Biofuels again. And world hunger.


I wrote recently about the EU’s plans for “ILUC” – that is, taking account of “Indirect Land Use Change” when assessing the emissions savings achieved by biofuels.  On June 19th, I attended a sandwich lunch organised by OxFam, where we debated the issue, and heard from the UN’s “Special Rapporteur on the Right to Food”, Olivier de Schutter.

There were serious concerns expressed about current proposals to change EU biofuel targets.  There is increasing recognition that biofuels have serious problems which were not fully taken into account when the original plans were made.  When I had a chance to make an intervention, I spoke as follows:

Thank you to the organisers for this event.  There is a delicious irony in seeing two groups of environmentalists at each other’s’ throats, as they argue the priorities of preventing climate change as against feeding the world.

But I have some news which will be welcomed by both sides.  I should like to remind colleagues that elevated levels of atmospheric CO2 have a dramatic effect in terms of increasing plant growth, and crop yields, and biomass formation.  We should all celebrate that.

May I also respond to Mr. Bas Eickhout MEP, who speaks of the need to “send clear signals to investors”.  He’s right.  But we have signally failed to do that.  Five years ago we set up incentives to reach a 10% target for biofuels, and we invited investors to come to the table.  They did so, and invested hundreds of millions of euros, for example in dedicated refining facilities for bio-diesel and ethanol.  Now we pull the rug from under them.  Energy policy and investment is bedevilled by our failure to offer regulatory certainty.

My own position is that I would not want biofuels at all, but I shall support the report of my colleague Mr. Alejo Vidal Quadras MEP  which represents a considerable improvement over the Commission proposal.

We now know very well that biofuels deliver less power, that they greatly increase cost, and that taking ILUC effects into account they often fail to deliver emissions savings, or even increase them.  In this parliament only a couple of years ago we heard a consultant’s report showing that in the UK, by converting the Drax coal-fired power station to a bio-mass plant burning wood chips from mature American forests, we were failing to reduce emissions significantly, and indeed increasing them in the medium term.

Then today we hear from Mr. Schutter about the food impact of biofuels.  If we take large acreages out of food production and use them for bio-fuels, we inevitably reduce food availability, and increase food prices.  People will starve.

I believe that we in this parliament should accept a moral responsibility to those investors who followed our policy and built bio-fuel refineries.  But we have an even greater moral obligation to the world’s hungry and poor.  It’s about time we recognised that biofuels seemed to be a good idea when we first thought of them, but in fact they’re doing more harm than good.

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10 Responses to Biofuels again. And world hunger.

  1. Eric Worrall says:

    Dear Roger, I hope you will add your voice to the campaign to stop greedy Africans from consuming our biofuels as food! 🙂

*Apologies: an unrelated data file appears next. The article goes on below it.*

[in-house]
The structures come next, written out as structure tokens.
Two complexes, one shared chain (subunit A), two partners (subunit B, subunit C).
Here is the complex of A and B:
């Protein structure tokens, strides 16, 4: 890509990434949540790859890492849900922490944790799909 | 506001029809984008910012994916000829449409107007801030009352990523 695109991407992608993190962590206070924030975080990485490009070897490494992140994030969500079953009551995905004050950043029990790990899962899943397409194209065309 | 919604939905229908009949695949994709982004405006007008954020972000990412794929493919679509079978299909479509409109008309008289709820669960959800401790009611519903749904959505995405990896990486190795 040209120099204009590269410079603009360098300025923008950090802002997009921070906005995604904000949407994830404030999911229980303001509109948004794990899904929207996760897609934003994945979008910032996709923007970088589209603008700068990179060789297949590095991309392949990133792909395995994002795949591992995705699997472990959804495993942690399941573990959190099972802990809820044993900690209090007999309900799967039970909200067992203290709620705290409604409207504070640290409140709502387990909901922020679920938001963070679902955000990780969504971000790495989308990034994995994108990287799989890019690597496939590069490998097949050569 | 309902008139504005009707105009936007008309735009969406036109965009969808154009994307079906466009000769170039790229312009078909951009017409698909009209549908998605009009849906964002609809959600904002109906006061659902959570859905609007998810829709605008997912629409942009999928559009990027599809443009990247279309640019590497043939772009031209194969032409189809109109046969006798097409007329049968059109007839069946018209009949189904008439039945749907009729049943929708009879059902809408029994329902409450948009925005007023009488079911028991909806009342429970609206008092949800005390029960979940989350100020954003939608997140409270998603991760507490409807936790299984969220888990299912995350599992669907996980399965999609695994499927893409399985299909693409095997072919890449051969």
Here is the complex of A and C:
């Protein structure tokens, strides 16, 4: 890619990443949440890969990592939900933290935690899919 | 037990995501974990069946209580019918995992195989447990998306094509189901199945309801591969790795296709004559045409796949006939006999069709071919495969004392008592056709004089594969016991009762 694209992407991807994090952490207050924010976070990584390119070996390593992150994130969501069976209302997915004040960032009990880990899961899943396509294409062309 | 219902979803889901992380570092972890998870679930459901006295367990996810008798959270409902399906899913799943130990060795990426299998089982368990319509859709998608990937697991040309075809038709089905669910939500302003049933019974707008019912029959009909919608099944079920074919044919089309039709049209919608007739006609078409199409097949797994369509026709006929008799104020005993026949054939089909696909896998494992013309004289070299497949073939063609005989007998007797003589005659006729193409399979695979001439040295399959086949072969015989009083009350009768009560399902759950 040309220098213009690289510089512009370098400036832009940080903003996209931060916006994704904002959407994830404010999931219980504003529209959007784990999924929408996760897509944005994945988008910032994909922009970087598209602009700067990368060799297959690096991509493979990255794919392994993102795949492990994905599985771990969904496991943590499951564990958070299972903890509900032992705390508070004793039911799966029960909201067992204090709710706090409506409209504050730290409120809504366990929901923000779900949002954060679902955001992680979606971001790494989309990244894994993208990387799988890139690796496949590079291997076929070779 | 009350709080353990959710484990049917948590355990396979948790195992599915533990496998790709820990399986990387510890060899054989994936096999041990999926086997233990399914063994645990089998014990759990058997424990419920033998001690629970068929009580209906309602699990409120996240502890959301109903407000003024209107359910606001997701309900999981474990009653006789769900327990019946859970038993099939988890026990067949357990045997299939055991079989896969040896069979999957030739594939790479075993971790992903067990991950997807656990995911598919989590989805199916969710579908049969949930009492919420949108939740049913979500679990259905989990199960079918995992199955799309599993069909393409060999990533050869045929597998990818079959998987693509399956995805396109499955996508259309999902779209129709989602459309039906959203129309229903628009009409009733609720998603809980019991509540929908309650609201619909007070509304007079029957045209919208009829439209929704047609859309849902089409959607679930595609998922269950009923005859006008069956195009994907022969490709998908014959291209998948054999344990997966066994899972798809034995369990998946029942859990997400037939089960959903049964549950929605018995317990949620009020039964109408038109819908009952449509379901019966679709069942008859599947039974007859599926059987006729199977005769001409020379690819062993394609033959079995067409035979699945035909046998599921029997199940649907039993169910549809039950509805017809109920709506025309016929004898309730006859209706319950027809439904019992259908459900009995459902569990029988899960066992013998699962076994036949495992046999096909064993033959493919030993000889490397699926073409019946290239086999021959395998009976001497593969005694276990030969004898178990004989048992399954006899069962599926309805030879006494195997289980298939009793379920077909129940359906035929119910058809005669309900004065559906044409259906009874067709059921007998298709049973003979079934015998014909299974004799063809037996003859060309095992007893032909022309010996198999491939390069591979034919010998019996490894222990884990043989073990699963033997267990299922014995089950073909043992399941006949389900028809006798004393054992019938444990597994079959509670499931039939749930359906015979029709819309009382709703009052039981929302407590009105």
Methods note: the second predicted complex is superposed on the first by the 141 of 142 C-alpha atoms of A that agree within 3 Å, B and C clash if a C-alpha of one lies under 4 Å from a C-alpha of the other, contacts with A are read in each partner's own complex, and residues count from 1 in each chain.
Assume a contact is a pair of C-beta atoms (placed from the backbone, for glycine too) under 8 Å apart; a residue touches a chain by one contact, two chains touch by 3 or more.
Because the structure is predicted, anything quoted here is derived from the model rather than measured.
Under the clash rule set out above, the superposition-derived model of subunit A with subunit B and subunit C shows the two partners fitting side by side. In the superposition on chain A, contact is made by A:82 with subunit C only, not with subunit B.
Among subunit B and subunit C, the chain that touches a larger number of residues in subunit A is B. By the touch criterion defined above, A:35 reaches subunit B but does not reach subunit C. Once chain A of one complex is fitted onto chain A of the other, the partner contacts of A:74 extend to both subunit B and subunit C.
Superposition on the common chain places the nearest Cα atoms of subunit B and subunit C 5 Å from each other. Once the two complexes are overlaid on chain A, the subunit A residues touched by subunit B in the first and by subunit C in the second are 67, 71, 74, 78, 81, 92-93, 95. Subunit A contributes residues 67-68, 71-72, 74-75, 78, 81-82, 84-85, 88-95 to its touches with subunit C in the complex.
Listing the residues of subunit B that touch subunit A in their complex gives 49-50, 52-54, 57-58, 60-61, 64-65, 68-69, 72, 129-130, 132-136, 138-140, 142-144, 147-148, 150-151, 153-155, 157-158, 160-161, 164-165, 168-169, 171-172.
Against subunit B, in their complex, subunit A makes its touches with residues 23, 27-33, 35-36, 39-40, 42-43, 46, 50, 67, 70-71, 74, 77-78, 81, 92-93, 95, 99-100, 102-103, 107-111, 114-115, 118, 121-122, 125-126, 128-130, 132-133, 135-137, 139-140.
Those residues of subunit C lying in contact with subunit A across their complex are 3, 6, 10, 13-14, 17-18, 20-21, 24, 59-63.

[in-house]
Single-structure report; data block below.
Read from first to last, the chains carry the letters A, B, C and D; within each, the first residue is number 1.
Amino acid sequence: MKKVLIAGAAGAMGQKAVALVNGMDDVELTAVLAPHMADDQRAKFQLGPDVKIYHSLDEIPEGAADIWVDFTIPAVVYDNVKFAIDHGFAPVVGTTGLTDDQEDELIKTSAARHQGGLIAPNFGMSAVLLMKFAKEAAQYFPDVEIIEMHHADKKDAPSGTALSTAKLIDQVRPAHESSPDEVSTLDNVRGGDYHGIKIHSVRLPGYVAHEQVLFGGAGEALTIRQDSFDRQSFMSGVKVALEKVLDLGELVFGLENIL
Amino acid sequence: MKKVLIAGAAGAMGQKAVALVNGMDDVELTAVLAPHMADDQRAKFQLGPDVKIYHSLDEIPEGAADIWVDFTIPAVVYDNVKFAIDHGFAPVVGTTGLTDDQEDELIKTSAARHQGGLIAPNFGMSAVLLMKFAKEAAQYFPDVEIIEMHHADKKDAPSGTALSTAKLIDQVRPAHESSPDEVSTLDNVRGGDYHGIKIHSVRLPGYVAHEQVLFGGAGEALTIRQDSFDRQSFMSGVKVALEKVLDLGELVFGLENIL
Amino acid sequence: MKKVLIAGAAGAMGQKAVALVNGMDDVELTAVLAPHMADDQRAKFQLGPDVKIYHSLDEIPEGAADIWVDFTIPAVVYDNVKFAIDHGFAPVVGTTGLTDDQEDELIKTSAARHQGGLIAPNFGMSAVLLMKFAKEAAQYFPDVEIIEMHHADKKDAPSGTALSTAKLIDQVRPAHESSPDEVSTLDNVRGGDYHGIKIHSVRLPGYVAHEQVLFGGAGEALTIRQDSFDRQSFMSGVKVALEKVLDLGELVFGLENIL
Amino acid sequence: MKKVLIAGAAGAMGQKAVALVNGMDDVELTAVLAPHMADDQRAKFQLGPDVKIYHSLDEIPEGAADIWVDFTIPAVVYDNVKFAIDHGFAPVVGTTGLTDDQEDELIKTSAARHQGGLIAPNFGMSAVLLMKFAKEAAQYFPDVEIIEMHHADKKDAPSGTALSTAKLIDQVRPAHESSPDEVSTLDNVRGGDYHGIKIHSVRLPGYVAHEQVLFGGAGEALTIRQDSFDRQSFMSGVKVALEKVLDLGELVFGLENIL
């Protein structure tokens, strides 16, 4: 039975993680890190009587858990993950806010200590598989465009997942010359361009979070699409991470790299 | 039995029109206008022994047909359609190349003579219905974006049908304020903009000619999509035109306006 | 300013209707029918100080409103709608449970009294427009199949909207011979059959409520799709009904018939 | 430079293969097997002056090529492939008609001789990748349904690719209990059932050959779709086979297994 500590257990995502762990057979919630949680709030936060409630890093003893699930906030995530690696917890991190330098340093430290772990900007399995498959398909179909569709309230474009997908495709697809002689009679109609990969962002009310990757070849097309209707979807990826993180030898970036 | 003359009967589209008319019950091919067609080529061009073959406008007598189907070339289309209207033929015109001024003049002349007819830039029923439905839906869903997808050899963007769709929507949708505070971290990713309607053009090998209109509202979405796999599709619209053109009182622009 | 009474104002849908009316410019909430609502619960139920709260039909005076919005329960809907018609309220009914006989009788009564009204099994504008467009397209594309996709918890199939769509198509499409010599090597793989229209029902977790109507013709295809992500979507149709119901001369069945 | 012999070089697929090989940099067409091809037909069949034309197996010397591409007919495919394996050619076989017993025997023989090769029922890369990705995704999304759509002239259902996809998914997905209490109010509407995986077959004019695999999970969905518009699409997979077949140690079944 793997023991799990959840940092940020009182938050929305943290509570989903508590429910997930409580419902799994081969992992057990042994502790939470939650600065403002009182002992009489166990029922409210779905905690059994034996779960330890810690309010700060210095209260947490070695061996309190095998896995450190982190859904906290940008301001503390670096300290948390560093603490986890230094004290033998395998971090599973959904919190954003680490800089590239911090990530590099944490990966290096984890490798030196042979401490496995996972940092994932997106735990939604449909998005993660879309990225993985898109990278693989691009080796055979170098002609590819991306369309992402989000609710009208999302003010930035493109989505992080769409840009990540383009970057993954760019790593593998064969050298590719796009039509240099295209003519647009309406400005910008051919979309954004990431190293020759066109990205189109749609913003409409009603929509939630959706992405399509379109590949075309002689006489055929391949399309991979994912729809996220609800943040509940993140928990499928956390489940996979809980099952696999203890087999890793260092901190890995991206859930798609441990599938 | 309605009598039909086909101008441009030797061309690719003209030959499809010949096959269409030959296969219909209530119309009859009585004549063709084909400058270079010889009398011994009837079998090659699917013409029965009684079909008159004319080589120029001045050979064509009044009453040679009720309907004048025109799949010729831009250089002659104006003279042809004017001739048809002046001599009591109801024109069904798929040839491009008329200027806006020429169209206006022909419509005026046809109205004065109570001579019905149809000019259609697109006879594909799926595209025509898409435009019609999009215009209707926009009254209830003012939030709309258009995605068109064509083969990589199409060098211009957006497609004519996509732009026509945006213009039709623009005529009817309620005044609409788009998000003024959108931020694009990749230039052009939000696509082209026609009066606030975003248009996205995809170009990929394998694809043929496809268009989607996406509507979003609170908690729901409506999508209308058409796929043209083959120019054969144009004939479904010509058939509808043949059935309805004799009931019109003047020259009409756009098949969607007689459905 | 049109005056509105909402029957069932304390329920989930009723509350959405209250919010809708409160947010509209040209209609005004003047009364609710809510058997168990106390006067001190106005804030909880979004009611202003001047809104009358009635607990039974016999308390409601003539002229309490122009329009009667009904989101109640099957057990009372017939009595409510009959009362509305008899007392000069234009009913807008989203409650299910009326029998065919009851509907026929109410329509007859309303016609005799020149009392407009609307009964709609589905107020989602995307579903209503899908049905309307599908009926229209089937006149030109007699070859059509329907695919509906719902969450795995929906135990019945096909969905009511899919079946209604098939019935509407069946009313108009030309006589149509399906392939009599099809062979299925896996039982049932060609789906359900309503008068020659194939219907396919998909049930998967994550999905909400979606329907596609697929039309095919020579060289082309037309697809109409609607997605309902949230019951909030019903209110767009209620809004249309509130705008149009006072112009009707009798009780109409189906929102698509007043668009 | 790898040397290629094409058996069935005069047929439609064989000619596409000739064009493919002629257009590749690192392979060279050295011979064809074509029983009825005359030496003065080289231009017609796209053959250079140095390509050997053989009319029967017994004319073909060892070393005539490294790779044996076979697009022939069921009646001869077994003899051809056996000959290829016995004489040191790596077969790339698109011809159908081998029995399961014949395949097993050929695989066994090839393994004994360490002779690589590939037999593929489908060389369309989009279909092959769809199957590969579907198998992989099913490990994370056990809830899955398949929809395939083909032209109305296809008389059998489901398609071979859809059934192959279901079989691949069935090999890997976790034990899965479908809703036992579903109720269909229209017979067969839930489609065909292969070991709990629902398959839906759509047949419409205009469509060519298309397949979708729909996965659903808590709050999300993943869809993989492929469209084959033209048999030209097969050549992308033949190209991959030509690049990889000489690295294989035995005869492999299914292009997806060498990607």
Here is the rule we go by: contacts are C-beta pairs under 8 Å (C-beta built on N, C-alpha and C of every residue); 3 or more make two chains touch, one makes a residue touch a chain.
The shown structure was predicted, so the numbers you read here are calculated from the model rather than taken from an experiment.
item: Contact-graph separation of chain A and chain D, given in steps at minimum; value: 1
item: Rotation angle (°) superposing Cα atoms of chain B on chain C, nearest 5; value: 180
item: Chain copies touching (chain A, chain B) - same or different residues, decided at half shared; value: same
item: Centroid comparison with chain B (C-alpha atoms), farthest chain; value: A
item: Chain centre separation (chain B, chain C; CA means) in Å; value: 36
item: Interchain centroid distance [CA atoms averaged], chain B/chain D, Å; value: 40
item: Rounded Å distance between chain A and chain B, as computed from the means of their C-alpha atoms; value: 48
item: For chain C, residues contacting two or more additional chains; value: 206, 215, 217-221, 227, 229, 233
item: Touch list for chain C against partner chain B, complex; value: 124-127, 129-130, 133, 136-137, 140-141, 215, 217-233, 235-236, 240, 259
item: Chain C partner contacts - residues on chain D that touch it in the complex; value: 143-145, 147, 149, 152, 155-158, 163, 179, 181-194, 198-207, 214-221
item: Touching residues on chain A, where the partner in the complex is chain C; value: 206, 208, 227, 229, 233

2. I assume your contribution was not welcomed by both sides 🙂
    Nothing is more distressing to political activists seeking public money than for it to be proven that their scare story is false.

  3. 1957chev says:

    The Biofuel story, is the same as the renewable energy story, concerning wind turbines and solar panels….sounds great in theory, but when put into practice, it is nothing short of a disaster. That is what happens when you rely on the manufacturers and lobbyists for your scientific information. They slant everything in their favour, but reality straightens out their lies quickly. They are exorbitantly priced MISTAKES!!!

    • DougS says:

      I don’t believe that the lobbyist view them as mistakes – they’re money making schemes, but why worry anyway, it’s only taxpayers’ money – plenty more where that came from!

      I think that even the thickest regulation-making Eurotroughers realise that biofuels are a mistake but they can’t admit it and look foolish can they?

  4. matthu says:

    Readers of this blog may wish to also read Mark Steyn on Nigel vs the Lunatic Mainstream

  5. The trifecta of taxpayer funded, elite agenda driven Carbon LIES are climate forcing, sustainable energy and ‘peak’ oil. Carbon climate forcing is credit default swap faux science to FORCE Carbon commodity markets. ‘Sustainable’ energy NEVER recovers the investment energy to create these frauds. Ethanol requires 100,000 BTU/gallon of fertilizer, irrigation, harvest, process and delivery energy to produce 80,000 BTU/gallon of fuel. Bio-diesel input/output energy disparity is even worse. Photovoltaics produce 1.5 watts/sq ft at 1.5 volts Direct Current, for six hours per day, for less than 20 years. At that point, you have useless junk that has produced less than 20% of the energy required for photocell production. This is detailed in “Green Prince of Darkness” at Canada Free Press. The 1955 Hubbert ‘peak oil’ LIE is a Malthusian myth, as Hydrocarbons are abundant throughout the Universe. See “Fracturing the Fossil Fuel Fable” at

    Find and share Truth….demand a Modern Magna Carta.

  6. Richard111 says:

    I find it curious that countries in South America, Africa and Indonesia are encouraged to grow crops for biofuel more than crops for feeding the local populace. Meanwhile the series of late Springs and early Autumns are having a devastating effect on NH food production. Coupled with increasing energy costs subsidising ‘green energy’ this is a recipe for a monumental global disaster.

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